The federal Centers for Disease Control and Prevention, the American Academy of Family Physicians, the American College of Physicians, the American Society of Internal Medicine and the Infectious Disease Society of America have guidelines on the appropriate use of antibiotics.
They tell consumers, in effect, “Don’t demand them,” and medical doctors, “Don’t prescribe them.”
Nov. 13-19 is World Antibiotic Awareness Week. The event promotes awareness of the public health threat from the increase in microorganisms that are resistant to antibiotics.
World Antibiotic Awareness Week is marked by the engagement of the public, policy makers, health professionals and students through social media and local events to raise awareness and understanding of the problem worldwide. The goal is to spark change so that antibiotics are used only when necessary.
The South Carolina Department of Health and Environmental Control, in partnership with the University of South Carolina School of Medicine and College of Pharmacy, has established a statewide Antimicrobial Stewardship Collaborative of South Carolina to reduce the threat of antimicrobial-resistant organisms in South Carolina. Antibiotic stewardship means using the right drug at the right dose for the right amount of time.
Antibiotics are treatments for bacterial, not viral infections, and worldwide bacteria are becoming resistant to antibiotics used to treat both common and life-threatening infections. Infections due to antibiotic-resistant organisms used to be a more significant problem in hospital settings but they are now increasing in long-term care settings such as nursing homes, and in community-acquired infections.
The increase in antibiotic resistance is resulting in longer illnesses and more deaths. Unfortunately, new antibiotics are not easily developed and treatment options are decreasing. Each year, in the United States alone, 2 million people become infected with resistant bacteria, and 23,000 people die because of these infections.
According to The Centers for Disease Control and Prevention, up to 50 percent of antibiotics given for human illnesses are for an incorrect dosage or duration. Many antibiotics are given when patients expect a prescribed antibiotic for illnesses like the common cold or other minor upper respiratory infections that antibiotics are not helpful for. The unnecessary use of antibiotics contributes to the development of resistant bacteria and these bacteria can be passed from one person to another causing infections that are more difficult to treat.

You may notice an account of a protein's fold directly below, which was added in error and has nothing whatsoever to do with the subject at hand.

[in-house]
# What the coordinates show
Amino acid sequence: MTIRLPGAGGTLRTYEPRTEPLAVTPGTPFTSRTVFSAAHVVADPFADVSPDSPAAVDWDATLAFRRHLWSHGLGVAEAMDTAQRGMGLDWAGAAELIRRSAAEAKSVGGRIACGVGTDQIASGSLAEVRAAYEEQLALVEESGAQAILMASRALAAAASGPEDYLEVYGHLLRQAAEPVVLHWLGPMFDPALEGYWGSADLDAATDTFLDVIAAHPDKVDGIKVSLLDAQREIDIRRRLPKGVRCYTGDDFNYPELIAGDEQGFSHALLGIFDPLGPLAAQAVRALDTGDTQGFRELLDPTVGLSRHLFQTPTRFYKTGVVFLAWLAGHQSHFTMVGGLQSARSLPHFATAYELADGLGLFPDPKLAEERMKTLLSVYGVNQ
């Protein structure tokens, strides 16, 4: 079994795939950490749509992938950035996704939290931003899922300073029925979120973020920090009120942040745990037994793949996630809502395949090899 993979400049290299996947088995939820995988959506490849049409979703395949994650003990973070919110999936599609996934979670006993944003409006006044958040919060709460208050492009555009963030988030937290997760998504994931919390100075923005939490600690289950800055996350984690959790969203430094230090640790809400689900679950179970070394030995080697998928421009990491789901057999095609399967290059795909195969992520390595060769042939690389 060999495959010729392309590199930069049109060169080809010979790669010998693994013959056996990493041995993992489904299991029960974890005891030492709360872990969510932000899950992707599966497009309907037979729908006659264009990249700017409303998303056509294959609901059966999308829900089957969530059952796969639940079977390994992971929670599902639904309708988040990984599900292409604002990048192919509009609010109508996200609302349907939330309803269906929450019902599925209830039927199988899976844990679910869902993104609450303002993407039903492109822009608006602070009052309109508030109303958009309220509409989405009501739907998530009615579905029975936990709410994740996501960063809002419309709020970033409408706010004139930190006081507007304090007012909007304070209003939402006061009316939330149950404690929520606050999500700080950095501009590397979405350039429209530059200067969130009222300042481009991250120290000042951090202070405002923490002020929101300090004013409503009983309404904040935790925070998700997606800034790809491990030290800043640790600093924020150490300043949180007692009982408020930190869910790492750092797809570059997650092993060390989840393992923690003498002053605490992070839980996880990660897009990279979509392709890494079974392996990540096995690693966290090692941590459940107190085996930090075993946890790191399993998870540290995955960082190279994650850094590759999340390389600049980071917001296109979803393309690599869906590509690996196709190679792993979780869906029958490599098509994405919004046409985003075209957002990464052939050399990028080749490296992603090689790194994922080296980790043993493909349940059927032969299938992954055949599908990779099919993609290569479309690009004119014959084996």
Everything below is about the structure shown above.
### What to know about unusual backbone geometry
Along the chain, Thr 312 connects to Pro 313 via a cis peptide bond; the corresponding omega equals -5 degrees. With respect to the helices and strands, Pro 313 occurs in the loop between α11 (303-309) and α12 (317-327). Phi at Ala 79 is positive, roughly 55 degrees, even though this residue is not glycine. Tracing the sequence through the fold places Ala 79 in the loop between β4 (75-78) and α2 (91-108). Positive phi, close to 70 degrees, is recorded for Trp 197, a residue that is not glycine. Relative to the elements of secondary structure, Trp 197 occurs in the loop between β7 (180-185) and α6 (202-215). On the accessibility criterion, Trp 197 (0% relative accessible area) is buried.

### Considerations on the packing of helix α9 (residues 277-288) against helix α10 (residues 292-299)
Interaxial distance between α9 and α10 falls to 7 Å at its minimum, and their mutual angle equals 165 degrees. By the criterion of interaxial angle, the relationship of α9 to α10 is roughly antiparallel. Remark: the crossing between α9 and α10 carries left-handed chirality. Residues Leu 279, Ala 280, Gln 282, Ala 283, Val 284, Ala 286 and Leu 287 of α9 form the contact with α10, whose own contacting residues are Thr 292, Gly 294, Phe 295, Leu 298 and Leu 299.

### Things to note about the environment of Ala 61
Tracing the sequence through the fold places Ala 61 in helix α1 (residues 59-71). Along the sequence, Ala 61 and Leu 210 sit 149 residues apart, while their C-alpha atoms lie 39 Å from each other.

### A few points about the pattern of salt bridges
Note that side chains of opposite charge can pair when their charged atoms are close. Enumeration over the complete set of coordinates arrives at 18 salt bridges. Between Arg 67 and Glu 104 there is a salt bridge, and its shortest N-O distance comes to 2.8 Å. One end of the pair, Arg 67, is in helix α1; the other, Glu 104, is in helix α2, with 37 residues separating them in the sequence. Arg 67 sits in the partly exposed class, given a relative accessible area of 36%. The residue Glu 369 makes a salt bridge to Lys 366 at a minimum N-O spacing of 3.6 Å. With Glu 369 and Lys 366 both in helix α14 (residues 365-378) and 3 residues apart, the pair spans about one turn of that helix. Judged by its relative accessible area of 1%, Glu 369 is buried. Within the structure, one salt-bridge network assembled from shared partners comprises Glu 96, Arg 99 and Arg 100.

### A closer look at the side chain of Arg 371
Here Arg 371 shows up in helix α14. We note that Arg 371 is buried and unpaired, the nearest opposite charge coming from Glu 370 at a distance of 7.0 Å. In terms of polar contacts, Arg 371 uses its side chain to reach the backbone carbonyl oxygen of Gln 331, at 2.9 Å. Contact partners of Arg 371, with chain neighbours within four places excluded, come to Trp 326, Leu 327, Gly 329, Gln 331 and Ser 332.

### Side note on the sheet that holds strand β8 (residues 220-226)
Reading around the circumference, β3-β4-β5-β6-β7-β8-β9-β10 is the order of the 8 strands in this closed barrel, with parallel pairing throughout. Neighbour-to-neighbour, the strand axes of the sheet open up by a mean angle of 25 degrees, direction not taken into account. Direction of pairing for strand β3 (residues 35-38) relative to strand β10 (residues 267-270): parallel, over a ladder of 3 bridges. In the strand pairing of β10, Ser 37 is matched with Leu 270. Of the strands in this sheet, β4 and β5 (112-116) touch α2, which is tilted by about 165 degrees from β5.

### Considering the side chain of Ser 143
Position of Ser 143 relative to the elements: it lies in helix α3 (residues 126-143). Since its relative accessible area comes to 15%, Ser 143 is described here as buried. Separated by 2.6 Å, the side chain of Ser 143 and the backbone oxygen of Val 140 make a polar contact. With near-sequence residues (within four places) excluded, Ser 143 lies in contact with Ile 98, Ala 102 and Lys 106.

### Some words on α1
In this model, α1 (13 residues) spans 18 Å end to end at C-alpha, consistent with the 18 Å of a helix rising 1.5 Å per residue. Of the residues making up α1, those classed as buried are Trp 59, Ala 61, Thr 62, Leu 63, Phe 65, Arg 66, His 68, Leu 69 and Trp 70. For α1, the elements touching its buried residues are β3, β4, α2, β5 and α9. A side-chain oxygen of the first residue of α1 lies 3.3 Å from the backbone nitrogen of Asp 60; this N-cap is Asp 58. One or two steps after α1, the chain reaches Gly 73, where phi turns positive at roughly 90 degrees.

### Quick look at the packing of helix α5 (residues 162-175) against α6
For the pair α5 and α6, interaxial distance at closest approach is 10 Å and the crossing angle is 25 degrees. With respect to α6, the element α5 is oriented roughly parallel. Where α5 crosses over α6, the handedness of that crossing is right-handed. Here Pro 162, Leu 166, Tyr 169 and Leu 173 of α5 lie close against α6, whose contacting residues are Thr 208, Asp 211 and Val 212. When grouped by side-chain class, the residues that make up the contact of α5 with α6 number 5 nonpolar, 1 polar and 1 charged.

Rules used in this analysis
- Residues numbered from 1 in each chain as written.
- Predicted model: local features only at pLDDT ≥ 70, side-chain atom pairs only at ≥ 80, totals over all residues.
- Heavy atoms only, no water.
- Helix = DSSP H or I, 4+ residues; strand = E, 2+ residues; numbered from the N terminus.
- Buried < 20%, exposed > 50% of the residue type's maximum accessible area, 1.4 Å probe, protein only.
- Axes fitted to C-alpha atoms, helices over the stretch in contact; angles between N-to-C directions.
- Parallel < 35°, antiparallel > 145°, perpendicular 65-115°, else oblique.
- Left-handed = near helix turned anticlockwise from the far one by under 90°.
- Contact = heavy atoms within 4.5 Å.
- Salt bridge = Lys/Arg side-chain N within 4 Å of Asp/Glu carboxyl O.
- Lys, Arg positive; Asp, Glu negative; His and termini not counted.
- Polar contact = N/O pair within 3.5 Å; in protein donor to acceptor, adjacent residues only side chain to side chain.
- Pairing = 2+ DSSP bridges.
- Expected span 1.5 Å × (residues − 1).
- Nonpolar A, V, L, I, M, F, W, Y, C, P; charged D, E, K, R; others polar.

ASC-SC is working with health care providers across the state to promote antibiotic stewardship and reduce antibiotic resistance. ASC-SC has organized regional meetings across the state to engage clinicians, infection preventionists, pharmacists and laboratory technologists and then brought experts in these fields to a statewide meeting to share effective practices for the use of antibiotics and to do surveillance to detect resistant bacteria. The work of ASC-SC In the coming year will include studying antibiotic prescribing practices in South Carolina to find ways to reduce unnecessary antibiotic prescriptions, developing a profile of patterns of antibiotic resistant organisms, and helping health care facilities adopt CDC-recommended antibiotic stewardship activities.
Whether it’s using antibiotics when and how prescribed or obtaining inoculations against diseases as instructed, to win the war against infection, we’ve got to play smart. Medicines must be used in complement with the God-given ability of the human body to fend off disease.
Being good patients and practicing medicine courageously can make a difference in America’s health.